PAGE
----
Boards.ie has taken the country by storm, becoming Ireland’s largest discussion forum and online community. It has most definitely made its mark in Irish society, being founded in 1998. It is a branch of the Distilled Media group and a sister company of Daft.ie, Adverts.ie and The Journal. This website has consistently taken a spot in the Top 20 Internet sites in the world for the Irish internet audience with over 2.2 million people visiting the site each month. There is definitely something for everyone on this site, with 17,000 new conversations started each month. It is a fantastic place to get a genuine and honest opinion on a variety of topics – whether you need an opinion on a good place to watch the GAA matches abroad or a heated debate on whether “the Western World is anti-man?”
realTime Recruitment are fortunate to partner with Boards.ie and Sean Coughlan, CEO, who has just celebrated his 1 year anniversary with the company. The close knit team is growing rapidly and Sean gave us some insights into his career and his path to success.
Sean began his technology career in Baltimore Technologies in 1998 which grew to be a very successful Irish Corporation. In 2001 he continued his career in IT joining a subsidiary of Siemens.He then changed tack setting up Social Entrepreneurs Ireland, an organisation which has invested in 169 start-up social entrepreneurs to date, who in turn have changed the life of 250,000 Irish people for the better.
What are the biggest challenges of your career?
“One of the real skill sets that a person in a leadership position struggles with is to combine/hold two very important things. Firstly, you need to have a strong vision/idea of where you want to be. To be an effective leader, you need to know where you want to go with the group that you are leading. You need to be visionary but you also need to be really focused in excellence in execution – if you don’t have both you just become a dreamer.
What is the most important quality when hiring a new team member?
“There will always be a set of technical requirements when hiring someone and it is very unlikely that you will find someone who ticks every box technically. A person’s ability to be able to upskill/learn and use their previous experience and knowledge to their advantage as an employee is essential - openness and a hunger to learn is critical. The candidate also needs to be a good cultural fit. They need to gel with the team and company. If a candidate isn’t a suitable fit, this creates friction and there is a waste of energy focusing on the friction rather than getting the job at hand done”
What makes Dublin such a great place to work?
“Dublin in one of the epicentres of the technology sector worldwide because of our positon in the EU and our great talent pool. It makes it very attractive for companies to set up here. Then there is the soft element too – the culture. Dublin is a great place to live and work – there is a great buzz, it’s accessible and it is easy to get to know Dublin.”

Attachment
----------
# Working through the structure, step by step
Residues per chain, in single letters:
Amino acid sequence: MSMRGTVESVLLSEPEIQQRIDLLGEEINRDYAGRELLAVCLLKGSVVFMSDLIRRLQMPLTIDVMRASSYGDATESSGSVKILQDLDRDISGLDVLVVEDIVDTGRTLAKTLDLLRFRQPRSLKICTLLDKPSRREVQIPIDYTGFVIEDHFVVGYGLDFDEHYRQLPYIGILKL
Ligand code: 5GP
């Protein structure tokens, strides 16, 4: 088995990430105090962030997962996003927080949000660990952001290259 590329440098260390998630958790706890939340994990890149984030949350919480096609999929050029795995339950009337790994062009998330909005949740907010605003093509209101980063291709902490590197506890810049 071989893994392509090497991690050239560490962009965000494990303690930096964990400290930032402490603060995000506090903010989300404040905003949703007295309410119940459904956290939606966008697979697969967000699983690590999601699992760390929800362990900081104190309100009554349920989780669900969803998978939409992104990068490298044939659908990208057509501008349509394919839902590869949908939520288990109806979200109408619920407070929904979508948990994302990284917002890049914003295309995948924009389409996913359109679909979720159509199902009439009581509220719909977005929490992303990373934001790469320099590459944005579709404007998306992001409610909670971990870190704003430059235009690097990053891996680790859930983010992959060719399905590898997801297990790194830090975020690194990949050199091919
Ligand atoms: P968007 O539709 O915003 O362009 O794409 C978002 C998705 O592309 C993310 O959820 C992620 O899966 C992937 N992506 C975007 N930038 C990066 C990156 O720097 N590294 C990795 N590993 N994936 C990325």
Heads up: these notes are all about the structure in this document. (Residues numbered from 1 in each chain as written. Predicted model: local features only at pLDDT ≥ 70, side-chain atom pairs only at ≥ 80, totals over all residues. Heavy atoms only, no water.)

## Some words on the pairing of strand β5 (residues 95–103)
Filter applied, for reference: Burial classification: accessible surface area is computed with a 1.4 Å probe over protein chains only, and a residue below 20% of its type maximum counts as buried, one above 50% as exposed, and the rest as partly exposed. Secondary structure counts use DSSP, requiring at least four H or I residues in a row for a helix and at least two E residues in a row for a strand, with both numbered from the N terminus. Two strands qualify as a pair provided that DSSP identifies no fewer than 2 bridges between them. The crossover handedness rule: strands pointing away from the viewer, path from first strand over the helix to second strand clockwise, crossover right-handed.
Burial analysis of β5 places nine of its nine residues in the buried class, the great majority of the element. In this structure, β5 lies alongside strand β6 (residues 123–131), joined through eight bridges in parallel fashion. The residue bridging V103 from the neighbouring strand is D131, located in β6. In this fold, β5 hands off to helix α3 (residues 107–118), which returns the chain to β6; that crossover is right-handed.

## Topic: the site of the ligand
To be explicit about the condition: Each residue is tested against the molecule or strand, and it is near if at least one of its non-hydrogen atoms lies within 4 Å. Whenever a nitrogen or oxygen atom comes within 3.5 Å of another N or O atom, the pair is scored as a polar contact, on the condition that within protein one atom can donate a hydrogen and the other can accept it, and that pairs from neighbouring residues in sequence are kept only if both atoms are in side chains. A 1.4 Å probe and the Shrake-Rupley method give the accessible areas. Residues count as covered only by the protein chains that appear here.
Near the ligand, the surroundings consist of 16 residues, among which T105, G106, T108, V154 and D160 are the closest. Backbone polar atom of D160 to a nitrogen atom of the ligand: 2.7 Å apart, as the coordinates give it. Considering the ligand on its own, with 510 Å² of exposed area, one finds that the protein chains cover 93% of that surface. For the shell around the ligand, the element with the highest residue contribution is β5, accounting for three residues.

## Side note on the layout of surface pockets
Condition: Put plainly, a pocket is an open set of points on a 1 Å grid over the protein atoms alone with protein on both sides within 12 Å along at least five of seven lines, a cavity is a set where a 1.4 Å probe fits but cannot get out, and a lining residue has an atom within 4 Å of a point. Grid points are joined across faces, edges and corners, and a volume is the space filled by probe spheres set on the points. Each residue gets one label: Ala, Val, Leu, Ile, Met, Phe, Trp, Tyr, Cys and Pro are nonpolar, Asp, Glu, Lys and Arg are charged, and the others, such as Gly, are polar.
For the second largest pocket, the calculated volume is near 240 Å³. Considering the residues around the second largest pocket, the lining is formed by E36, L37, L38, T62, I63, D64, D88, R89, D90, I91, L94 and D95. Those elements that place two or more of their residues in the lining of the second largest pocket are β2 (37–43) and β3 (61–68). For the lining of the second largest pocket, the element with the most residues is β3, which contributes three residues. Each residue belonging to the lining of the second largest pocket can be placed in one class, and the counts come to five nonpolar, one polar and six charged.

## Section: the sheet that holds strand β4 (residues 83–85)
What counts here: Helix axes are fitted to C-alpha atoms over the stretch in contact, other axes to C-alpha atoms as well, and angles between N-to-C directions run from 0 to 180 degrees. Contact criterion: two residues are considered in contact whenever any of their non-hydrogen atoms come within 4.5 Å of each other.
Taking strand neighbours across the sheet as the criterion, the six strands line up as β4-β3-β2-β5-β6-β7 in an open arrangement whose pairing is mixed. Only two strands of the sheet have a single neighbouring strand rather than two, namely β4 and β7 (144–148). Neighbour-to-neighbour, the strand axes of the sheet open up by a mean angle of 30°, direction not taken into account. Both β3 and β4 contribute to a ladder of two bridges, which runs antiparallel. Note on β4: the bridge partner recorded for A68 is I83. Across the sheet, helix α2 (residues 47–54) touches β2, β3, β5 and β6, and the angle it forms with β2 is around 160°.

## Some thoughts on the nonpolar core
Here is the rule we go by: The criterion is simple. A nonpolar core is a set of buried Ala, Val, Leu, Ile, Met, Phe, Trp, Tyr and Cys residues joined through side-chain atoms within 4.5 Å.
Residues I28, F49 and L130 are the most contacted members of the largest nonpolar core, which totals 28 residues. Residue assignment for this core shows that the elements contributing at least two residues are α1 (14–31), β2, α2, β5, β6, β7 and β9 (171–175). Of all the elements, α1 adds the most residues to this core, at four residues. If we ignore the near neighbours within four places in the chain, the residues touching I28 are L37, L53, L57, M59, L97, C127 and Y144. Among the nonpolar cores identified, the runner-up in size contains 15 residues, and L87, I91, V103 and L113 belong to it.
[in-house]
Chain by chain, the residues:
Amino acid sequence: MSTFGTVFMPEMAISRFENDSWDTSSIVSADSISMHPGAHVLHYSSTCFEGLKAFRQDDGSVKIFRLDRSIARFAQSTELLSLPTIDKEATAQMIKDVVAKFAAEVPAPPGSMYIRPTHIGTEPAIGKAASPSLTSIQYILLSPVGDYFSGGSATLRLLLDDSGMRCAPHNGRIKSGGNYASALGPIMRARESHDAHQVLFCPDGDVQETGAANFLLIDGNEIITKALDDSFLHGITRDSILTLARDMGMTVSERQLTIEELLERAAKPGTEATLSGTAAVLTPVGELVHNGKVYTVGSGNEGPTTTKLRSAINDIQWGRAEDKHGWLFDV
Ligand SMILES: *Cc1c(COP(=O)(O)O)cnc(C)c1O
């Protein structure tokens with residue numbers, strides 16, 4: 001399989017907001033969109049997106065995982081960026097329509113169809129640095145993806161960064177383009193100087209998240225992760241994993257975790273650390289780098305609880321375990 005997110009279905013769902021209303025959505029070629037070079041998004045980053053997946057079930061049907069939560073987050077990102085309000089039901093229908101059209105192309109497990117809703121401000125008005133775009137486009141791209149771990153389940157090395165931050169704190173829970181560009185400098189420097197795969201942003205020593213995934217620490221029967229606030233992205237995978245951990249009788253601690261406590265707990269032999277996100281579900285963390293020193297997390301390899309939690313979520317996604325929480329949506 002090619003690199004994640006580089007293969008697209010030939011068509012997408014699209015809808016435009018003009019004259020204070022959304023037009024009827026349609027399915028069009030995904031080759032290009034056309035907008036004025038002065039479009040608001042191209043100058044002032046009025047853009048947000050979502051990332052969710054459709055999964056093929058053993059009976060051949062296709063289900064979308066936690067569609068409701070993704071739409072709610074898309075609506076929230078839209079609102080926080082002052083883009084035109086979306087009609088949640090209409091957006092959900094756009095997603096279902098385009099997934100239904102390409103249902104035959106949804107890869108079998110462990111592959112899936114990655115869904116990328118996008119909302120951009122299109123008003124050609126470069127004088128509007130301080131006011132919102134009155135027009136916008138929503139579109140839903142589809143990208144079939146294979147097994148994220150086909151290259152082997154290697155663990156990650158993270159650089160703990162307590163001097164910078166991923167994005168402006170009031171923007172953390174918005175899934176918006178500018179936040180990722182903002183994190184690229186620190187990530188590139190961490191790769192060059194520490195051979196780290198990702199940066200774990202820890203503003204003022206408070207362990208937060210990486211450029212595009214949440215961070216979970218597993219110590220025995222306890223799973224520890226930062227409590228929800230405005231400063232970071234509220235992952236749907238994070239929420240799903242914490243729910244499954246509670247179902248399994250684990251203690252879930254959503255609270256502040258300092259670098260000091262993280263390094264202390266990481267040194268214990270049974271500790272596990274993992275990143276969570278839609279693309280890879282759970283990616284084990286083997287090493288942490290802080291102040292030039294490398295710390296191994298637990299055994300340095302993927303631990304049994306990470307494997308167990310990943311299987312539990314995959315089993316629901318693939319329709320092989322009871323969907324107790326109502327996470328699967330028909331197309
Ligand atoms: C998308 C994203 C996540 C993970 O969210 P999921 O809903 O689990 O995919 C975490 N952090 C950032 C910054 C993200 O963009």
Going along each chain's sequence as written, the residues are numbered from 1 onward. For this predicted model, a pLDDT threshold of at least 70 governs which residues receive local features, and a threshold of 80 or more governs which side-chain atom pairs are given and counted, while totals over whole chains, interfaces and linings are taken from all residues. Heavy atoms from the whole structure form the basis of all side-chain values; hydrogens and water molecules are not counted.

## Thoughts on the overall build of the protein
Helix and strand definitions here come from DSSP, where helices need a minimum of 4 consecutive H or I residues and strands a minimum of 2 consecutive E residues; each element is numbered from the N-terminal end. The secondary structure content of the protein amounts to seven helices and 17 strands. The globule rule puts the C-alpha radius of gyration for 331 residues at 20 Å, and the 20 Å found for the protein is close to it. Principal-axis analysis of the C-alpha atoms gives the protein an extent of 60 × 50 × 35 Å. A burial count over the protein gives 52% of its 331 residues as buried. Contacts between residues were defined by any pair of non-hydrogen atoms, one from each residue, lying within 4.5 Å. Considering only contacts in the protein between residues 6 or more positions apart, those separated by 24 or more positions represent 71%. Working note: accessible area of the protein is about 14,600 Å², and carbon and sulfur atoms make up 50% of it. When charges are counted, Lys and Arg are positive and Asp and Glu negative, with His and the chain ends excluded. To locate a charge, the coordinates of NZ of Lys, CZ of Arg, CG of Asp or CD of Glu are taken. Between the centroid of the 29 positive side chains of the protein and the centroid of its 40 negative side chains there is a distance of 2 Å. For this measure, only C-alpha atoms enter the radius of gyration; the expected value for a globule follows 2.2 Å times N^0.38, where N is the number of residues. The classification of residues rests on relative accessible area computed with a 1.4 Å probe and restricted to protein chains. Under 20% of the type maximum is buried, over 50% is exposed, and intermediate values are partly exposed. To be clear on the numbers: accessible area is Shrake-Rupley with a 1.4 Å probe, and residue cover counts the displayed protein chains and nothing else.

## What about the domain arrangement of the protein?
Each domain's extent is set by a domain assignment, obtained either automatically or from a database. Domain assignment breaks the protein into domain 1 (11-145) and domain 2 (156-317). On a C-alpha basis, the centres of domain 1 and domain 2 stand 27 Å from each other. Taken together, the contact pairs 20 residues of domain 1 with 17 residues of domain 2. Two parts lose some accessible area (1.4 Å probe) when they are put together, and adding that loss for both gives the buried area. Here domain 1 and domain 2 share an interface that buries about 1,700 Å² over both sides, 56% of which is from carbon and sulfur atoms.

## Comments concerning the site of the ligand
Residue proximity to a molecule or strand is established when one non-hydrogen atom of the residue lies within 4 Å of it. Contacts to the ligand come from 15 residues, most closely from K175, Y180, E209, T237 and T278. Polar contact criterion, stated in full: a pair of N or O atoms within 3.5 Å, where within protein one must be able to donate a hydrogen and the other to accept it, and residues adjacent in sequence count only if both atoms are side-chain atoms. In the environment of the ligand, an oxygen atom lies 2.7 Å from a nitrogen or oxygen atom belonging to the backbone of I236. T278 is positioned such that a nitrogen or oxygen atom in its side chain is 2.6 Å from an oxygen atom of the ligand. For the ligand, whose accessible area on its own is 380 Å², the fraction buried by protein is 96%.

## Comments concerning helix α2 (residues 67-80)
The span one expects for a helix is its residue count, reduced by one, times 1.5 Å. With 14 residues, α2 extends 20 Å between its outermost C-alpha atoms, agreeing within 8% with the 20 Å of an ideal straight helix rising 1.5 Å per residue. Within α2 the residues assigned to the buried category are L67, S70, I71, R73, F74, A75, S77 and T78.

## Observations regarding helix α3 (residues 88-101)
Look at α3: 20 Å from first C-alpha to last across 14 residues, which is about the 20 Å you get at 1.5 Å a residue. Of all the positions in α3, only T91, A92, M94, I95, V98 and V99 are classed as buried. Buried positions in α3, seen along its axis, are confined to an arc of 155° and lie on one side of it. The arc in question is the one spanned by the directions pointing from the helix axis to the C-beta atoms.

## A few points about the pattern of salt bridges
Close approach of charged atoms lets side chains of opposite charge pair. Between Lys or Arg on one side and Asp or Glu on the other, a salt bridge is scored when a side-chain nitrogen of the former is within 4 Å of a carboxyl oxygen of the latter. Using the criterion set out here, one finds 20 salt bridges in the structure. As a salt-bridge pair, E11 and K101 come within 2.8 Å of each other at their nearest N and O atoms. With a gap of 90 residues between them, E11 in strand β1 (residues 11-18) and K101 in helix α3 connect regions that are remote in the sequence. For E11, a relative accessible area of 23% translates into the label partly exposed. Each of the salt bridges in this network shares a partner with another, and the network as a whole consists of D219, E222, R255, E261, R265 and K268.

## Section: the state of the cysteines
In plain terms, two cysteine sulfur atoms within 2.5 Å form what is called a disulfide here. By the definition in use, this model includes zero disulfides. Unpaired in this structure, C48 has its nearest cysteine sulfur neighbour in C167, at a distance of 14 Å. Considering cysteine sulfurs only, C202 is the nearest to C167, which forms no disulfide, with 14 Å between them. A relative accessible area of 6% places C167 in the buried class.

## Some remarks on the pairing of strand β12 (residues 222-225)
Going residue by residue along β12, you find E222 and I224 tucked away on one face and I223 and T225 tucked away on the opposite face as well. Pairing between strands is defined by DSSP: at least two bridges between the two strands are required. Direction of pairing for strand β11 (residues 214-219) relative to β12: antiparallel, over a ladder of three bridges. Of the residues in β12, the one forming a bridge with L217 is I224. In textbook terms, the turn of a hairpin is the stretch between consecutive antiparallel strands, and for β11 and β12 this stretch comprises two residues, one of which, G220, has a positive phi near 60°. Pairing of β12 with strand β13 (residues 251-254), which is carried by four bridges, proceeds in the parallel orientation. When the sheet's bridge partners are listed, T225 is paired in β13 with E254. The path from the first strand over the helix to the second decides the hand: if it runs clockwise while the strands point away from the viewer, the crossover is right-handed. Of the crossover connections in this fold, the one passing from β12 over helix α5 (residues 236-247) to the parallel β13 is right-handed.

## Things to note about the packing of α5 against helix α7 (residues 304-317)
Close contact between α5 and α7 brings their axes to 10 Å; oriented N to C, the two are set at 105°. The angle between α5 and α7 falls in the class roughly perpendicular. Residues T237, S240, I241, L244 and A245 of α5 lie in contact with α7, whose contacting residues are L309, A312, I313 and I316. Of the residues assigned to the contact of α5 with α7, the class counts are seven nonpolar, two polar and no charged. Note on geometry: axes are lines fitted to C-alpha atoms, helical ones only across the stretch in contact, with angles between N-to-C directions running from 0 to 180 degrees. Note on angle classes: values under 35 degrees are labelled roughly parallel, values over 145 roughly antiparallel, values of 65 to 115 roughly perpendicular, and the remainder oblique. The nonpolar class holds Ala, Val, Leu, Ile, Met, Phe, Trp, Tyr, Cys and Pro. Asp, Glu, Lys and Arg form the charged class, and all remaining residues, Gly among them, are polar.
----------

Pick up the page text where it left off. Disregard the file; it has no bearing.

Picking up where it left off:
What is the best advice you can give a person looking to start a career in IT?
“The IT sector is buoyant. Therefore, there are a huge amount of opportunities out there. It can become tempting to go for what seems like the most lucrative opportunities in your career – what pays the most or positions that put you at a senior level. To build a really good career in IT, you need to be strategic and long term. People that get to senior positions in brilliant companies always focused on what motivates and stimulates them. Getting a good grounding and knowledge base will lead them to be snapped up later in their career.”
What is the best advice you’ve ever received?
“I’ve had a very interesting and not linear career path. I’ve been a researcher at a University, I’ve been a teacher, I’ve been a start-up entrepreneur in Turkey, I’ve been in technology, I’ve been a civil servant for 4 months, I’ve set up social entrepreneur Ireland and I’m doing Boards.ie now. Each place has contributed to where I am. When I left school originally, I became a trainee actuary – someone after 3 months gave me the best advice I’ve ever got and he told me to get out of actuarial!”
What does success mean to you?
“Success for me from a career perspective means being in a position where I can help lead and contribute to building a really great business that provides something positive for the users of our services and products. A commercially successful businesses for me, is a growing business and a company where our employees and members have a really great experience in using our products and are inspired and get other people involved.
From a personal level, success for me is finding opportunities to allow me to do the sort of things that interest, stimulate and excite me and to do as well as I can at them – I don’t have to be better than everyone else at them I just have to fulfil my own potential at whatever I am doing or what I am looking at.”